Beware of the swinging pendulum
The new reality of the COVID-19 pandemic has impacted all sectors on a massive scale, and yet this impact continues to be felt differently across industries and UK businesses. While many organisations have faced unprecedented challenges leading to downscaling and redundancy mitigations, others have had the unique opportunity for significant growth.
In both cases, companies that have historically invested in their staff are better placed to either retreat to a competent core and rebuild or to adapt to new business models and organisational structures. Those that are successfully making the transition have a workforce equipped with the right skills and attitudes. Organisations that invest in their people have an established foundation of competence that enables change to be better absorbed. Furthermore, newly hired personal can assimilate quickly when the composition of the enterprise is founded on a nucleus of capable people, supported by values and its own culture. The investment in people has provided the substance that allows for a more cohesive and successful integration into new ways of working.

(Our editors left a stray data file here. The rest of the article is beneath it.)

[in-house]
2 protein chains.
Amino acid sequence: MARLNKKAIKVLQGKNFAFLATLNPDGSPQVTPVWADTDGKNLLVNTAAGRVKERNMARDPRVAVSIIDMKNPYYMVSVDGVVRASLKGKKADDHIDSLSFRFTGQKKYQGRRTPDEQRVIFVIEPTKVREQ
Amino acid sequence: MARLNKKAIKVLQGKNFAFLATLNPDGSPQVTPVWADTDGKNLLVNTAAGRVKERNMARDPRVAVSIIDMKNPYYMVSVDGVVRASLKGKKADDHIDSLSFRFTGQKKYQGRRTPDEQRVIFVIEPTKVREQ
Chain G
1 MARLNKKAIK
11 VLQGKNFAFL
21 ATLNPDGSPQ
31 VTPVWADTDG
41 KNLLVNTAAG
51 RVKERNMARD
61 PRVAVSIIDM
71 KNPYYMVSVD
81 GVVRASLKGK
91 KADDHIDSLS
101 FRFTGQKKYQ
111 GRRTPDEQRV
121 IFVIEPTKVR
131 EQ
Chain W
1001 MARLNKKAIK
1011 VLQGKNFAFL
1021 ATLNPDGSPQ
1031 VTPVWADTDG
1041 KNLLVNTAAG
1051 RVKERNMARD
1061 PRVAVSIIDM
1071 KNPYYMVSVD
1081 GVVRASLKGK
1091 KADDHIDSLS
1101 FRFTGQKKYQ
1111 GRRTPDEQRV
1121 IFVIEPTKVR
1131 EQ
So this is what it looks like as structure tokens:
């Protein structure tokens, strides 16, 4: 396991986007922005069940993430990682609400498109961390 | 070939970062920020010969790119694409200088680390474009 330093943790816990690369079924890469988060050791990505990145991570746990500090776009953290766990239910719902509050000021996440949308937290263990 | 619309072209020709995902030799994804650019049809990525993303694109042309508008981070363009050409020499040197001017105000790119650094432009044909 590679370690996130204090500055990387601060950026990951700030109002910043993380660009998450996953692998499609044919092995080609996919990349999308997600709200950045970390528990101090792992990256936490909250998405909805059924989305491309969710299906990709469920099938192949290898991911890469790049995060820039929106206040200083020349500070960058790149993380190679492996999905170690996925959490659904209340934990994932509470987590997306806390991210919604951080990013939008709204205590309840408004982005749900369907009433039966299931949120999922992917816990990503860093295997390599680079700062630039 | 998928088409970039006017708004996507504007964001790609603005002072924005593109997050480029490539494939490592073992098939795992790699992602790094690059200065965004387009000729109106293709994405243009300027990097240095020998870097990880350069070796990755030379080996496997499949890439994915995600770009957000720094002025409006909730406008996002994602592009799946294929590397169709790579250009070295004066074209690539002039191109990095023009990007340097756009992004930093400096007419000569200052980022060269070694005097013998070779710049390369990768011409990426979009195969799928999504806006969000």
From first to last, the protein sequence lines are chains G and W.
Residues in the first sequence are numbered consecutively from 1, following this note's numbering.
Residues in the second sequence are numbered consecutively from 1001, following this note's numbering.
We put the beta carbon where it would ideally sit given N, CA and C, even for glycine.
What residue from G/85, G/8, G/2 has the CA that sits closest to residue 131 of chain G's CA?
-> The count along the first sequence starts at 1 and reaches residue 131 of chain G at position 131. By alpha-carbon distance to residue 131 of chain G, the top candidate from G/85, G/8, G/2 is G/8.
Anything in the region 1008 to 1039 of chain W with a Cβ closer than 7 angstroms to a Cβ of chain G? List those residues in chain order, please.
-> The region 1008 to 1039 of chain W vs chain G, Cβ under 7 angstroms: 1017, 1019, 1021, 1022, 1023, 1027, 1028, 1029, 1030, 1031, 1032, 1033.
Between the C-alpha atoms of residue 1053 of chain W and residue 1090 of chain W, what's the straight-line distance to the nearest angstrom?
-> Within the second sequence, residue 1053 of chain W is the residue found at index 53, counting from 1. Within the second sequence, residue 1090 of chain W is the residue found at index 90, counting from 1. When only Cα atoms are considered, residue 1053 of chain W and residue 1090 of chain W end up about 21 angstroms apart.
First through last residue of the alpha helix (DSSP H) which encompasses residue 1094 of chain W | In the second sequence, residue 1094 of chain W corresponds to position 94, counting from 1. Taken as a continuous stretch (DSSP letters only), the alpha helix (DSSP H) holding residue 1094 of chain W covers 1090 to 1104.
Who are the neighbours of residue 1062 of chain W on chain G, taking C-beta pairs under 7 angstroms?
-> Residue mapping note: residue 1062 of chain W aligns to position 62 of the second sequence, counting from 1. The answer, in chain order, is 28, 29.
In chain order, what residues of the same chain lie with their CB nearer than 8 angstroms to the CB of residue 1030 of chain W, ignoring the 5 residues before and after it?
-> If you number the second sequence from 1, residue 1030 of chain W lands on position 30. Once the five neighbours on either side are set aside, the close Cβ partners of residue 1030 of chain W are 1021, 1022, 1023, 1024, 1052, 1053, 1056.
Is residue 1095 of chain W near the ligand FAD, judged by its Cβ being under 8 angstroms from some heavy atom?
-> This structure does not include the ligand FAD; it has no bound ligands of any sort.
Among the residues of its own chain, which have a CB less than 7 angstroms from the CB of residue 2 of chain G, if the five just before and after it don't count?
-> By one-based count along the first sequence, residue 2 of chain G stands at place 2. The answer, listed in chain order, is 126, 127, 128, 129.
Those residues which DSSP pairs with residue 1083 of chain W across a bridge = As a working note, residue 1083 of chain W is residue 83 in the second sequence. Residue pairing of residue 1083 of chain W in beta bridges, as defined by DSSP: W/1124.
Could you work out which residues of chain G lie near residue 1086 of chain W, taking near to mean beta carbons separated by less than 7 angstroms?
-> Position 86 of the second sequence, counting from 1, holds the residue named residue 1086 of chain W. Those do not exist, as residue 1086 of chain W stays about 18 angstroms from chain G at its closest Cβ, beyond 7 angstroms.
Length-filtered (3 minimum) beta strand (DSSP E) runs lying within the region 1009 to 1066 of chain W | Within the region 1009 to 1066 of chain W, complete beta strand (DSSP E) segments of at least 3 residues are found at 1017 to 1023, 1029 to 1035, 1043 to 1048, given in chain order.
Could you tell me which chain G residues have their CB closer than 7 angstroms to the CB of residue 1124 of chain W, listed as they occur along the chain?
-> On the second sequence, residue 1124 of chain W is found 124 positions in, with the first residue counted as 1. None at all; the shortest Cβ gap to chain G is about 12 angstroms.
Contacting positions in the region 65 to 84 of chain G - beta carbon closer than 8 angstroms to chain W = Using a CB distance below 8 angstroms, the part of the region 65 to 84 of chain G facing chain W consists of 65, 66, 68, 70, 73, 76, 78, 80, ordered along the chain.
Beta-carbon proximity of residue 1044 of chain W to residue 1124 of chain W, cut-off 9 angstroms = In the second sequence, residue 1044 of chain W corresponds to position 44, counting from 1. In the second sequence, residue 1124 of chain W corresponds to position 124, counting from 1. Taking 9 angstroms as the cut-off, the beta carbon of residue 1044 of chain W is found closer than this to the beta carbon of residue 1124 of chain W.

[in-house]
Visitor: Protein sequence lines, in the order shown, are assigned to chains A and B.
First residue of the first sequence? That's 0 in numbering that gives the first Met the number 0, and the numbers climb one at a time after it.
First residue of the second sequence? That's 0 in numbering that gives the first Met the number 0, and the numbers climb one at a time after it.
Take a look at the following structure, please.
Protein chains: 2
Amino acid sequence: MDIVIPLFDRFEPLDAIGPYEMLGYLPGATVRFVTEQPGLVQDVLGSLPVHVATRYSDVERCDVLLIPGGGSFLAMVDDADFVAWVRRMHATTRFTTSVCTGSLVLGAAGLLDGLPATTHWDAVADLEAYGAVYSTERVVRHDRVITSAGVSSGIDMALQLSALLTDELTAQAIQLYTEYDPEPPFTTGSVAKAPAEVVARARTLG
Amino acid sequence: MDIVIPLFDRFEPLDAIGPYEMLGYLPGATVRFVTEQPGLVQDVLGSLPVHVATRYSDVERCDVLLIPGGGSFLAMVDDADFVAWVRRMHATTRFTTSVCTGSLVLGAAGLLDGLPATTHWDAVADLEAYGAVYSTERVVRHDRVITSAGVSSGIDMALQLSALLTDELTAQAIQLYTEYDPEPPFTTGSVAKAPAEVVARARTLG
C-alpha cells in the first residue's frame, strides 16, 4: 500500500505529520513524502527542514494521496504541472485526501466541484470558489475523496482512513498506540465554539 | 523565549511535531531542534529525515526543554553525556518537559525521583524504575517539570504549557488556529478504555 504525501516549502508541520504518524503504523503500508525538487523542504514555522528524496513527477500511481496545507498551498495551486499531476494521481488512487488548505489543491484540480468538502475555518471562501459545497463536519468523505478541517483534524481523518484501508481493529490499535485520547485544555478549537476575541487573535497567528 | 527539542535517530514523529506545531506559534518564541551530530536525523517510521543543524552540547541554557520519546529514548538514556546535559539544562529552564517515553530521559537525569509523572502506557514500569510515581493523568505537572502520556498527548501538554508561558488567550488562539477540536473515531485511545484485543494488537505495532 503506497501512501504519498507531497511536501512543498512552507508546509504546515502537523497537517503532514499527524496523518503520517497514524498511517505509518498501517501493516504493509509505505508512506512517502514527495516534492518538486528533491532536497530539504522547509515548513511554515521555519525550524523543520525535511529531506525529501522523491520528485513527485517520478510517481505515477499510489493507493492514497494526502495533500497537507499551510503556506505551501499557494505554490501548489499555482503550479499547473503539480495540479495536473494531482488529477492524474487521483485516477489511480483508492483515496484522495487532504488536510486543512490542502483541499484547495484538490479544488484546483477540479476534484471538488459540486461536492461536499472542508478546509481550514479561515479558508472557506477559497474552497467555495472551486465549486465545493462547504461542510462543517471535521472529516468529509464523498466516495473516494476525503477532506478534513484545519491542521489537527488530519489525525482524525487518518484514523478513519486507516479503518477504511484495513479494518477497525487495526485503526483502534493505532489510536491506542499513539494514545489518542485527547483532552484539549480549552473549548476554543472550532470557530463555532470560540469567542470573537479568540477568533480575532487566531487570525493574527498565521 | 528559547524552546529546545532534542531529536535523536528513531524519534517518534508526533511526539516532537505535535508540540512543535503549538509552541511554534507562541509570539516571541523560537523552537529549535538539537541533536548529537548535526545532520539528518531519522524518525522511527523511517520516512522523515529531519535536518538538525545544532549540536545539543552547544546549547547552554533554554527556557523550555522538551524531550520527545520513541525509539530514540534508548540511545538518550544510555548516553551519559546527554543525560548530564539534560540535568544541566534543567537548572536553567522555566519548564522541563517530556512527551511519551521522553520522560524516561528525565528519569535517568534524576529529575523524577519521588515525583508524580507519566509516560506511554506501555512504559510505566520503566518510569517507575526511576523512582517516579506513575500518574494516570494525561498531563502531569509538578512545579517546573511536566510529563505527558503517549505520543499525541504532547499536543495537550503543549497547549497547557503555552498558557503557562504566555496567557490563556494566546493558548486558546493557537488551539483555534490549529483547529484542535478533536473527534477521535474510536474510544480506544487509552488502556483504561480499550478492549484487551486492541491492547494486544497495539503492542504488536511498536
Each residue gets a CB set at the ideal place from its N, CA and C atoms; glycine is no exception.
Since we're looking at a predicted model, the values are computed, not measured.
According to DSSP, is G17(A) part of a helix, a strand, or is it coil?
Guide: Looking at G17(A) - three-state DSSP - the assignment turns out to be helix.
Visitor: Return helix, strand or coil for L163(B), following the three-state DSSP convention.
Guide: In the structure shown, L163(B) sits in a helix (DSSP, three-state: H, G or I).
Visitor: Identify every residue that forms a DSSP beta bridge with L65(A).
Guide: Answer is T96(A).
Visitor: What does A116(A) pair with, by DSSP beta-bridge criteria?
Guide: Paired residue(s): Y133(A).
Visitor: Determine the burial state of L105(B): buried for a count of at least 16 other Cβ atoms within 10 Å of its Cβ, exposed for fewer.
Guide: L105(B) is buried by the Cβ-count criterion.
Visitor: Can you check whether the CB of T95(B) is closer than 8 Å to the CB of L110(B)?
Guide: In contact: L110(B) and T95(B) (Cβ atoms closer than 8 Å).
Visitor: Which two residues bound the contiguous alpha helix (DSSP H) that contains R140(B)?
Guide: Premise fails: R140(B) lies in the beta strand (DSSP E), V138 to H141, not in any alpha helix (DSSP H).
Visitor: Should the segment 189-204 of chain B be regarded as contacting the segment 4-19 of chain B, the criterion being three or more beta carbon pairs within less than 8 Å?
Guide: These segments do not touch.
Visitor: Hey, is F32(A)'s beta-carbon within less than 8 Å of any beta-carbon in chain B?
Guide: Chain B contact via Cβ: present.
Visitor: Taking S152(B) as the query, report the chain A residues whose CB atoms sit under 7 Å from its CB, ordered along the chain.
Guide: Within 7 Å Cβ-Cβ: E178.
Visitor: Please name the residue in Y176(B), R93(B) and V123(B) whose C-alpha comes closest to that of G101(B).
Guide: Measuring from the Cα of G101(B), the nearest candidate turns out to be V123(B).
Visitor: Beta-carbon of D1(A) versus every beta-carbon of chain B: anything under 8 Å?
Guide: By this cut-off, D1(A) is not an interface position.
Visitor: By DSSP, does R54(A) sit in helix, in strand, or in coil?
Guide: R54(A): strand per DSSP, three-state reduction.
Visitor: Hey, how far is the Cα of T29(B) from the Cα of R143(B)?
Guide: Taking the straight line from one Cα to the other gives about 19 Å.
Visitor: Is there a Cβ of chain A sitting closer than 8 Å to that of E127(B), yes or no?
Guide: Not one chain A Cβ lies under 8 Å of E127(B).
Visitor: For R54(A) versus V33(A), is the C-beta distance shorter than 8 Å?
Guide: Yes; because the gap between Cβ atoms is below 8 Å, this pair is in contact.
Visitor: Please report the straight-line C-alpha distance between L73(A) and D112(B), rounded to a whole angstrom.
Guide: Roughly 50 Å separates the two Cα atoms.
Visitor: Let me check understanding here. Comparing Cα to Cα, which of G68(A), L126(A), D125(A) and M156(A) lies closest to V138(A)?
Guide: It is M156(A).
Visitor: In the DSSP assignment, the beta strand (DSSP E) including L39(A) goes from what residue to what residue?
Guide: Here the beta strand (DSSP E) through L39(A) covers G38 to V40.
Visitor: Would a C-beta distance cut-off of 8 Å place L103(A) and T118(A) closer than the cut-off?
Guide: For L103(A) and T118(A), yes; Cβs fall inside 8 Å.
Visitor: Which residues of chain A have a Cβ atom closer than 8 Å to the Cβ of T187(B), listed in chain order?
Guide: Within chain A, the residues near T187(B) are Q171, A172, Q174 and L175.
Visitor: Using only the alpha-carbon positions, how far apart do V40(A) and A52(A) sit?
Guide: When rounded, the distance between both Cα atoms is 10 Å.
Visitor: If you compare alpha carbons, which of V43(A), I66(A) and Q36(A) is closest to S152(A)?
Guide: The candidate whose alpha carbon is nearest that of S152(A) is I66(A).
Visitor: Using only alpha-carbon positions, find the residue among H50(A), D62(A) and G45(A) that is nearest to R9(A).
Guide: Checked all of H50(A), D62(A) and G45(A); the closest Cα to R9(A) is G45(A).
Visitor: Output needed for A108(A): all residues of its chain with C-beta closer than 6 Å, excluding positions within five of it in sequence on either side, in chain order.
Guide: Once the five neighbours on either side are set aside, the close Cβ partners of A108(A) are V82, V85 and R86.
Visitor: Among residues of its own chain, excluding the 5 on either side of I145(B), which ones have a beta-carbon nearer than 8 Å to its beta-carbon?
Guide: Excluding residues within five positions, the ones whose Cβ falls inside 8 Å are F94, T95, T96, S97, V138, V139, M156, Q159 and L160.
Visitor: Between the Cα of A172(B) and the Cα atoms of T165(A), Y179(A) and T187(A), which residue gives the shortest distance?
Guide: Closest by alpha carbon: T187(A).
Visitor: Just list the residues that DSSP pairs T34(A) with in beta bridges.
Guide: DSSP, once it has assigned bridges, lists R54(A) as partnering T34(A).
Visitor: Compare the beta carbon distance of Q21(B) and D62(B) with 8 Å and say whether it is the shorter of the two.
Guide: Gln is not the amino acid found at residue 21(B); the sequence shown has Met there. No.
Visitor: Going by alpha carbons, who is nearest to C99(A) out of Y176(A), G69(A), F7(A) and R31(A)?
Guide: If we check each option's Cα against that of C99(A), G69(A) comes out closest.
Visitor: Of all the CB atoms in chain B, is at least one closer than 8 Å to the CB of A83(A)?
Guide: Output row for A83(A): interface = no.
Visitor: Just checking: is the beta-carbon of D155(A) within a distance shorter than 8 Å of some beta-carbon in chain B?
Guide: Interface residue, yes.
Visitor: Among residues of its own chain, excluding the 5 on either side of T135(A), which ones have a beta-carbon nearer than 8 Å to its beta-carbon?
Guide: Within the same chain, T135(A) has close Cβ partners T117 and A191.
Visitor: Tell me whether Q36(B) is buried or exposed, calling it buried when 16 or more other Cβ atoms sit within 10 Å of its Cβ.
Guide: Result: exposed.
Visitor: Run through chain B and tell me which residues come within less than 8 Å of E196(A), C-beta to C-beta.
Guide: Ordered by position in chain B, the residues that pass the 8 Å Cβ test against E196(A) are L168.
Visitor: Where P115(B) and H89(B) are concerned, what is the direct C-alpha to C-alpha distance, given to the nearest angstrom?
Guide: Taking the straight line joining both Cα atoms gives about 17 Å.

Those organisations that focus on the short term can often make the mistake of treating staff development as a variable cost, rather than an essential investment. As such, they put their organisation at a clear disadvantage. The operation may not be agile enough to adjust to meet the demands (or scale) of the current situation or even fit enough to compete longer-term within competitive markets. Put plainly, although a great deal will be different post-COVID-19, the principles of what makes a company not only survive but thrive, have remained unchanged.
Each organisation needs people that are both competent and confident, able to engage with customers, execute its business plan, meet operational needs, and secure future growth. The skills that empower the organisation must be maintained and developed if it is to emerge stronger. Learning technology, when embraced, can improve productivity, and create a more competitive business model at an affordable cost. Business leadership must have the tools to exert ownership. It must also be alerted to emerging threats so that they can make knowledge-based decisions and control the quality and safety of the operation to ensure the well-being of colleagues and customers.
The thirst for real-time data must be quenched with relevant management information which is served error-free. The turbulence currently being experienced today will be uncomfortable. Still, turbulence is a business reality that comes in many forms. With the right people and systems in place can be predicted, allowing for appropriate measures and actions to be taken. A key element is the ability to understand the talent profile of the organisation, current and future so that gifted and talented team members are retained, and new skills are attracted to help the organisation to navigate safely to a better lot.